Sofia Alaoui is an Arab filmmaker who grew up, as she says, “between China and Morocco.” Her mother is French and her father is from Morocco. What I love about this filmmaker is that she is expansive as a person. Sofia has really connected with herself on a deep level, and that is reflective in her work. “Animalia” is her feature debut. The film has been labeled as a sci-fi film, but I would argue, and so would she, that the film is more supernatural with sci-fi elements. Watching this film from my couch, as I’m covering Sundance remotely, I noticed that my dog was as engrossed in this film as I was. My dog is a five-month-old puppy with a very short attention span, yet this film commanded both of our attention.
While talking to Sofia about her film, she really thought it was important to bring attention to living things that were not human in the film, like a supernatural presence, the animals, and the earthly elements of the film. In her eyes, all of it is living, and should be paid attention to as such. In the film, we follow a Moroccan girl named Itto, played by Oumaïma Barid, when she is caught in a global crisis that brings panic as there seems to be some kind of alien invasion on the planet. Itto’s trajectory throughout the film begins with her as a spoiled rich girl who is pregnant by her very rich husband. From there, she grows into an independent woman who becomes stronger when adversity comes her way. The aesthetic of this film is gorgeous and reminded me of my time in Iceland last year. There is so much beauty in this world, so much beauty that really should be cared for.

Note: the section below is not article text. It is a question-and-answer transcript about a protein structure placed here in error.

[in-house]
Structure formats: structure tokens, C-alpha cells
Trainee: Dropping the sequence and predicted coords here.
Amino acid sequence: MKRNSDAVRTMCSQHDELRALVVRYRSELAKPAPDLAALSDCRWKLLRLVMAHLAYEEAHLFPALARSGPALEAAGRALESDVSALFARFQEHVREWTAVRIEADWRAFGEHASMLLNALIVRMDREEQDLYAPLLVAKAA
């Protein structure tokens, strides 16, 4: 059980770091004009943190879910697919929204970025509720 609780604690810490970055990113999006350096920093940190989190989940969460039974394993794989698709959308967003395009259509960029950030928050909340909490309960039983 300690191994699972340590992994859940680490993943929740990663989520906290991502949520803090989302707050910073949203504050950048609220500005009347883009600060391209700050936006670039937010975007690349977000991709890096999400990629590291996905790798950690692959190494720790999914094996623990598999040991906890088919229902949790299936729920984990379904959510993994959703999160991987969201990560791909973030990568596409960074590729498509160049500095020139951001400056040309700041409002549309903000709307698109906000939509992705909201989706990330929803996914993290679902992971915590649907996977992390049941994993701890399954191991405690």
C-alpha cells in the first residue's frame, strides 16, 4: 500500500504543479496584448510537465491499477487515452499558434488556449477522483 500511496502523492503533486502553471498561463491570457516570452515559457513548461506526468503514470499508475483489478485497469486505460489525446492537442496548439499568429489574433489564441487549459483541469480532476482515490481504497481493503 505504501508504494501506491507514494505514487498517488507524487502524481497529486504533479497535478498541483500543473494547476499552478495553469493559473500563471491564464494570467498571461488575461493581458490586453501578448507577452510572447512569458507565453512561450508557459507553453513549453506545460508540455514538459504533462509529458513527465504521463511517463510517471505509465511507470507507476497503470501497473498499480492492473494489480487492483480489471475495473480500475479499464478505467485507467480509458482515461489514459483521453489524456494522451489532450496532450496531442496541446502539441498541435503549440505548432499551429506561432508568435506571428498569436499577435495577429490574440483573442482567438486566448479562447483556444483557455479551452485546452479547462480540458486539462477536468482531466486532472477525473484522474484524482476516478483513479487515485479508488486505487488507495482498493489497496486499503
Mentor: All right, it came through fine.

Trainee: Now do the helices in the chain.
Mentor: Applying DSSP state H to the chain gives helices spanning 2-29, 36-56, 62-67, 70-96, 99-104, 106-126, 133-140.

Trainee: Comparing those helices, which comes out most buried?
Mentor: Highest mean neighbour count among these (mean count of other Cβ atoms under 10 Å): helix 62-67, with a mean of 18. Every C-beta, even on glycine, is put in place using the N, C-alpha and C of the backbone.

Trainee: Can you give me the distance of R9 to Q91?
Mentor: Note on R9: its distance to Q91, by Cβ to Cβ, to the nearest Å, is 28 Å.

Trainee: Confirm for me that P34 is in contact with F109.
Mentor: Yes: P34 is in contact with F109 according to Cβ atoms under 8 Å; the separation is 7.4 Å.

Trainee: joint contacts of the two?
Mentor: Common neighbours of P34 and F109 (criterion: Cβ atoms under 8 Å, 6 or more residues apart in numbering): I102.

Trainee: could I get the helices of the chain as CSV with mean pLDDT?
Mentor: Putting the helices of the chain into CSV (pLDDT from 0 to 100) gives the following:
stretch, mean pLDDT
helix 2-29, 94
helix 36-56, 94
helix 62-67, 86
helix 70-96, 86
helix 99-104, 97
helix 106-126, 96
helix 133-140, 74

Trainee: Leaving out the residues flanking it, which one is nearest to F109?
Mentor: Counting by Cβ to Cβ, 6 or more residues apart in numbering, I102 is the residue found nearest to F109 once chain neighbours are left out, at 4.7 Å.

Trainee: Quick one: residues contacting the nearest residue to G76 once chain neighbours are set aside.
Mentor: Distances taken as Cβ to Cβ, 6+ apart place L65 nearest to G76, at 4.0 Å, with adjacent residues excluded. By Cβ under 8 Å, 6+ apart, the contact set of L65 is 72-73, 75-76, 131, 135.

What brought you to this project?
I was born in Morocco and then I grew up between China and Morocco. My mother is French and my father is Moroccan. I had this kind of multiple identity. I lived in Paris for eight or nine years, and then I came back to Morocco where I created my own production company. When I came back to Morocco, I experienced it in a new way. Coming back, I felt I was being put in a box within the dogma of the religion and within the traditions of the country. This was before I decided to start making the film, but it was my observation at the time.
Simultaneously with moving back to Morocco, I was doing a lot of traveling. On one of my trips, I had been to Greenland. I was there for three months. The country is so expansive and beautiful. It is this immense country with a wide landscape accompanied by the beauty of the northern lights. When I was there, I developed a deep connection with what was around me. It was such an amazing experience to be in that country and at night watching the stars.